Publications and Downloads
The strategy paper of the German Federal Ministry for Economic Cooperation and Development (BMZ) describes the approach, successes and challenges of rural development in drug-growing regions. For more than four decades, the German Government has been promoting alternative development measures in Asia, Latin America and South-Eastern Europe. Based on this experience, the BMZ has developed an integrated approach.
The publication "Raising Voices" tells the stories of smallholder women in drug crop growing areas and aims to encourage policy makers to incorporate these perspectives into drug policy strategies.
The use of stimulants often has negative consequences for consumers and their social environment. How can both health risks and related social problems be contained? What are the measures that can already achieve improvements worldwide? The GPDPD has commissioned the Dutch non-governmental organisation MAINline to analyse how harm reduction measures are implemented in different countries. The result is the „Speed Limits“-study, which, among other things, identifies nine key methods for effectively protecting consumers.
Illegal coca cultivation is one of the causes of the ongoing deforestation of Colombia's primary forests. The reasons are manifold and complex. Together with the programme on Protection of Forests and the Climate REDD+, the GPDPD presents the study "Comunidad, Bosque y Coca" (Community, Forest and Coca). It shows the connection between rainforest destruction and coca cultivation in the regions Catatumbo and Amazonía.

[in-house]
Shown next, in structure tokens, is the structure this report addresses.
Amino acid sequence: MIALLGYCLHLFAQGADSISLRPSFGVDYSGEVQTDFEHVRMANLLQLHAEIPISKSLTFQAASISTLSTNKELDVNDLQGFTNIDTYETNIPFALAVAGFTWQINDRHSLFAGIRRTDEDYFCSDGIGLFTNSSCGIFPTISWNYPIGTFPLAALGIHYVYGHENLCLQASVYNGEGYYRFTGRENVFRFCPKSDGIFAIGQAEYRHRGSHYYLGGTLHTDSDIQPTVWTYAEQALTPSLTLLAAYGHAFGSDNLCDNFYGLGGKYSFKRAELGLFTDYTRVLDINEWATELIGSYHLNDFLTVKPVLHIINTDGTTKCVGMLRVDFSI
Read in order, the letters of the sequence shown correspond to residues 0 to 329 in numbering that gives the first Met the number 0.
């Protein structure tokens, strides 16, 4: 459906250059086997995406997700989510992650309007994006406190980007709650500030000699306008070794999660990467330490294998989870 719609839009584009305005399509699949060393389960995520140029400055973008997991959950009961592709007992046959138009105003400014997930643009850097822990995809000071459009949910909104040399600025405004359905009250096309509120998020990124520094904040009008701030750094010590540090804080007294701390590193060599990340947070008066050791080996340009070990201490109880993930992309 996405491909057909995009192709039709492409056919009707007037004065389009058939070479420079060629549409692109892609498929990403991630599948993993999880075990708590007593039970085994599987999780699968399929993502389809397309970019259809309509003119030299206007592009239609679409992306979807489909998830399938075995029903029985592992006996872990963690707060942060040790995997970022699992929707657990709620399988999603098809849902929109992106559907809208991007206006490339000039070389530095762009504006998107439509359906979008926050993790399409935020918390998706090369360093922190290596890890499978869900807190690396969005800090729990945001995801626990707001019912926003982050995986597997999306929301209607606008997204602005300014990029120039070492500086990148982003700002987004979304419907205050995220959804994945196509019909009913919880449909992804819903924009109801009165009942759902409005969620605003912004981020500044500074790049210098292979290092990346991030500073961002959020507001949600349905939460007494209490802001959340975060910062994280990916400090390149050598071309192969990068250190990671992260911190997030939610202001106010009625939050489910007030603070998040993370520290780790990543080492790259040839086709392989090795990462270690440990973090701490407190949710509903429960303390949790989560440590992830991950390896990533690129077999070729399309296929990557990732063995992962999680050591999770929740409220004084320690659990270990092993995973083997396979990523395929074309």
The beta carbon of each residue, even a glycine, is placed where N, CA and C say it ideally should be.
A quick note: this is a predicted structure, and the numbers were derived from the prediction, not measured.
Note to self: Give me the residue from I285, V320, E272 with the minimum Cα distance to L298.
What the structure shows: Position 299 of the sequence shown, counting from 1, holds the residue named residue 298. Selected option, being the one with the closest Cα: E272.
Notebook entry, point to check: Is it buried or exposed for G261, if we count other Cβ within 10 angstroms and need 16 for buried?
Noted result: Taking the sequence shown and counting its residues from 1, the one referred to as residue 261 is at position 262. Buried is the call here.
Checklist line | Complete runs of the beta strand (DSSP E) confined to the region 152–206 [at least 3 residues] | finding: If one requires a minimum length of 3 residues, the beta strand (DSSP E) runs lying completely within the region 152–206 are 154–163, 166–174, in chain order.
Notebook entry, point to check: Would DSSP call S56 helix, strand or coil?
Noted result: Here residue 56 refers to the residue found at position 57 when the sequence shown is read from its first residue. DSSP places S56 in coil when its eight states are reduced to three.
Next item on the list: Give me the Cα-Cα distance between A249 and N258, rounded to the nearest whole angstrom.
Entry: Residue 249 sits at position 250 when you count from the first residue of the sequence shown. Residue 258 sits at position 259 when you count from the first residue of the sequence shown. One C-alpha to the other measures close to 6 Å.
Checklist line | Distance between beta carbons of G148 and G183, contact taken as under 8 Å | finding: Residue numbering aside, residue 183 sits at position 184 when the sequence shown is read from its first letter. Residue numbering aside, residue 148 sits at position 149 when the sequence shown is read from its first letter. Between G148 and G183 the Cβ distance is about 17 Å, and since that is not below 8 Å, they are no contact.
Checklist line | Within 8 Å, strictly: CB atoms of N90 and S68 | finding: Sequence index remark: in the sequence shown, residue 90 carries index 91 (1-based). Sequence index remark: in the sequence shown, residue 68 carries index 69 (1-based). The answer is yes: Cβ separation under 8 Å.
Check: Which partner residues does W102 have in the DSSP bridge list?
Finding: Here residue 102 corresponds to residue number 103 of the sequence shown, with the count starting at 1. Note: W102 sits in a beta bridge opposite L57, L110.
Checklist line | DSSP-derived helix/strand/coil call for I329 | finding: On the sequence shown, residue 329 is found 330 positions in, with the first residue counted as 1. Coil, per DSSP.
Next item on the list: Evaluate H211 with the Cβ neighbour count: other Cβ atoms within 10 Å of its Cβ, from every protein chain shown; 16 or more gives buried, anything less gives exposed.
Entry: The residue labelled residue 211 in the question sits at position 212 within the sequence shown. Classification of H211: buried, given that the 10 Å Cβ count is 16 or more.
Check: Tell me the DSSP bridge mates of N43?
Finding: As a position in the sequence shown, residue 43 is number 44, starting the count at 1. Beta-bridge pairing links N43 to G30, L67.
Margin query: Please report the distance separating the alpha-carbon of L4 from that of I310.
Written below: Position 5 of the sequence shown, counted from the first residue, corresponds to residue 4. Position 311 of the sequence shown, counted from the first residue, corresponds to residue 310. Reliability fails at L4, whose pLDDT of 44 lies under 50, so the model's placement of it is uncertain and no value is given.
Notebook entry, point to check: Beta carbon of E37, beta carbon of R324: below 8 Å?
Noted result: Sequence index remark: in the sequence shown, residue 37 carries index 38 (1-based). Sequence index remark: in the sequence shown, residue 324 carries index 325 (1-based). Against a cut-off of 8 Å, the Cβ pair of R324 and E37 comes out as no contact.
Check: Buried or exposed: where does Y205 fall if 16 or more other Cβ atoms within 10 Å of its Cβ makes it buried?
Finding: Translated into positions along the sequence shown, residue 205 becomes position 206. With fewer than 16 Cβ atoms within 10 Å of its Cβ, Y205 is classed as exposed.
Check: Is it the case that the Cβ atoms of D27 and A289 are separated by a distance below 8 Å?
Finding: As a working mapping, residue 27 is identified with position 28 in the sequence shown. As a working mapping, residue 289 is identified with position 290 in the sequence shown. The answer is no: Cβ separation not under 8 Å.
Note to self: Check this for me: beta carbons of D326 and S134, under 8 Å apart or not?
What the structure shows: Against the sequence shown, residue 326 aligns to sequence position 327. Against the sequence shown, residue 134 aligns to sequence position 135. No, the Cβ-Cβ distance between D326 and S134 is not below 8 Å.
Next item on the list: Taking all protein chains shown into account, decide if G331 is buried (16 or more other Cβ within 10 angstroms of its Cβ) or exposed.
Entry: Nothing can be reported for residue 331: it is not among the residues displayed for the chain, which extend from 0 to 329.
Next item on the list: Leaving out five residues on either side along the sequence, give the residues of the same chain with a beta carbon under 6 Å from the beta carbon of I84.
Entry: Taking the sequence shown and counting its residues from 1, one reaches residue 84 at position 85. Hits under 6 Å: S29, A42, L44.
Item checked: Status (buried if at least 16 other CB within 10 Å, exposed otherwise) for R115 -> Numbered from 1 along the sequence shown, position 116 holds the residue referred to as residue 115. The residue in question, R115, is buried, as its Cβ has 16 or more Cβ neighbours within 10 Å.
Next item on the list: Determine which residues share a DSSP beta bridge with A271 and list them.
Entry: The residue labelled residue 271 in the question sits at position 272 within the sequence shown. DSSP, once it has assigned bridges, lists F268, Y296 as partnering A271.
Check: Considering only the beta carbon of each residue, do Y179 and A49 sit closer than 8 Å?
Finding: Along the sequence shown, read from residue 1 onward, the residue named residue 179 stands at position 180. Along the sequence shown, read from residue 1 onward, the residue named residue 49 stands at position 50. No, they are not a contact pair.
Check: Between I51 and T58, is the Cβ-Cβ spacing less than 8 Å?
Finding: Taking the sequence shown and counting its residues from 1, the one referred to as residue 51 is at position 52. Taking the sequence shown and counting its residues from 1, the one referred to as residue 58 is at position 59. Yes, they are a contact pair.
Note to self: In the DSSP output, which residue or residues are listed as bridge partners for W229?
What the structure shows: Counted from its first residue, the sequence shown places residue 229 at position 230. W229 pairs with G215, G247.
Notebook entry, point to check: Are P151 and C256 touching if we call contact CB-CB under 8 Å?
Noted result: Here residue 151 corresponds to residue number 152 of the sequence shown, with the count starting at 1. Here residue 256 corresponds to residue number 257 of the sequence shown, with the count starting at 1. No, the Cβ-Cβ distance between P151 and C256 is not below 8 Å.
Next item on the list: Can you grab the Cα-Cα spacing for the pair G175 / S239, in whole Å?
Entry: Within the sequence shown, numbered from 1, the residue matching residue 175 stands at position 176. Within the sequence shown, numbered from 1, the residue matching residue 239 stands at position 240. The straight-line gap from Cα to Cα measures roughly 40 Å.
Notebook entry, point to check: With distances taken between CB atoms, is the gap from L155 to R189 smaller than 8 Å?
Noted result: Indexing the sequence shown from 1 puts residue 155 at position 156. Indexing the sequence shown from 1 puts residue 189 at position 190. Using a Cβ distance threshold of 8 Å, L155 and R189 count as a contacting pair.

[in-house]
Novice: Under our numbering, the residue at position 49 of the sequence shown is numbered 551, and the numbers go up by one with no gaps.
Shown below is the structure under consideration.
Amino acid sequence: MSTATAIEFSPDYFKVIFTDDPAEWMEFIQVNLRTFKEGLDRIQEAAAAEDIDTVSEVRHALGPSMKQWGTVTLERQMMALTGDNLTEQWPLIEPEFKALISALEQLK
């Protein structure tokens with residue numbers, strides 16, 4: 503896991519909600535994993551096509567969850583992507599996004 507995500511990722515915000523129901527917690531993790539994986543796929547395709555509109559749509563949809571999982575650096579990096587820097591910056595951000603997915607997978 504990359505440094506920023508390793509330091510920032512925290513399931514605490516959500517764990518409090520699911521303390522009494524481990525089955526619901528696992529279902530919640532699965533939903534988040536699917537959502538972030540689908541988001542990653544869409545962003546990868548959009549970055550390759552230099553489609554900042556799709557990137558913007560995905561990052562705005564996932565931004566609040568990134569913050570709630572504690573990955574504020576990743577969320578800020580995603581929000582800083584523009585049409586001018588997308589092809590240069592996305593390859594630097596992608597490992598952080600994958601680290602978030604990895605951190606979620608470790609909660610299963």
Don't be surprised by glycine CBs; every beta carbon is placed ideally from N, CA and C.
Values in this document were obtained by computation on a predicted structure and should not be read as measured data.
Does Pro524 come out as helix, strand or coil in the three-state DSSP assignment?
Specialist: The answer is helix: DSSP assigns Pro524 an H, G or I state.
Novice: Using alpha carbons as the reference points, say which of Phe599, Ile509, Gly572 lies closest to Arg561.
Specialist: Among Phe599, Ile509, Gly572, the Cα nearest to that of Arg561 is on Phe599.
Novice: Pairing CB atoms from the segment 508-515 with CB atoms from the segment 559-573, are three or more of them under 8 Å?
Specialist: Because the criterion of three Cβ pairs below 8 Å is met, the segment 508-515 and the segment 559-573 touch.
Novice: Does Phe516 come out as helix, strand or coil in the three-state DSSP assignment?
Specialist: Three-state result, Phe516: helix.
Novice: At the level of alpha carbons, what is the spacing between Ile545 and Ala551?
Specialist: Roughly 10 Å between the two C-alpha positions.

Three infographics address fascinating facts: one compares the turnover of Mexican drug cartels with the funding for Alternative Development; the second compares the homicide rate in coca-growing communities in Colombia with that of a German federal state; the third graphic shows why coca farmers are no big players.
Two graphic series illustrate the precarious living situation of families who cultivate illicit crops, and the vicious circle of drug crop cultivation.
Three graphic series explain what Harm Reduction is, why it can save lives, how public health benefits from it, and why it needs to be gender-sensitive.
Why does gender matter in drug policy? Women face specific risks, and responses do not always account for their needs.
Untold damage: This graphic series puts the largest seizure of cocaine in the European Union in 2021 into an ecological perspective. It shows how many chemicals from the production of 16 tons of cocaine end up unfiltered in the soil and water in the Amazon region, where they cause ecological disaster zones.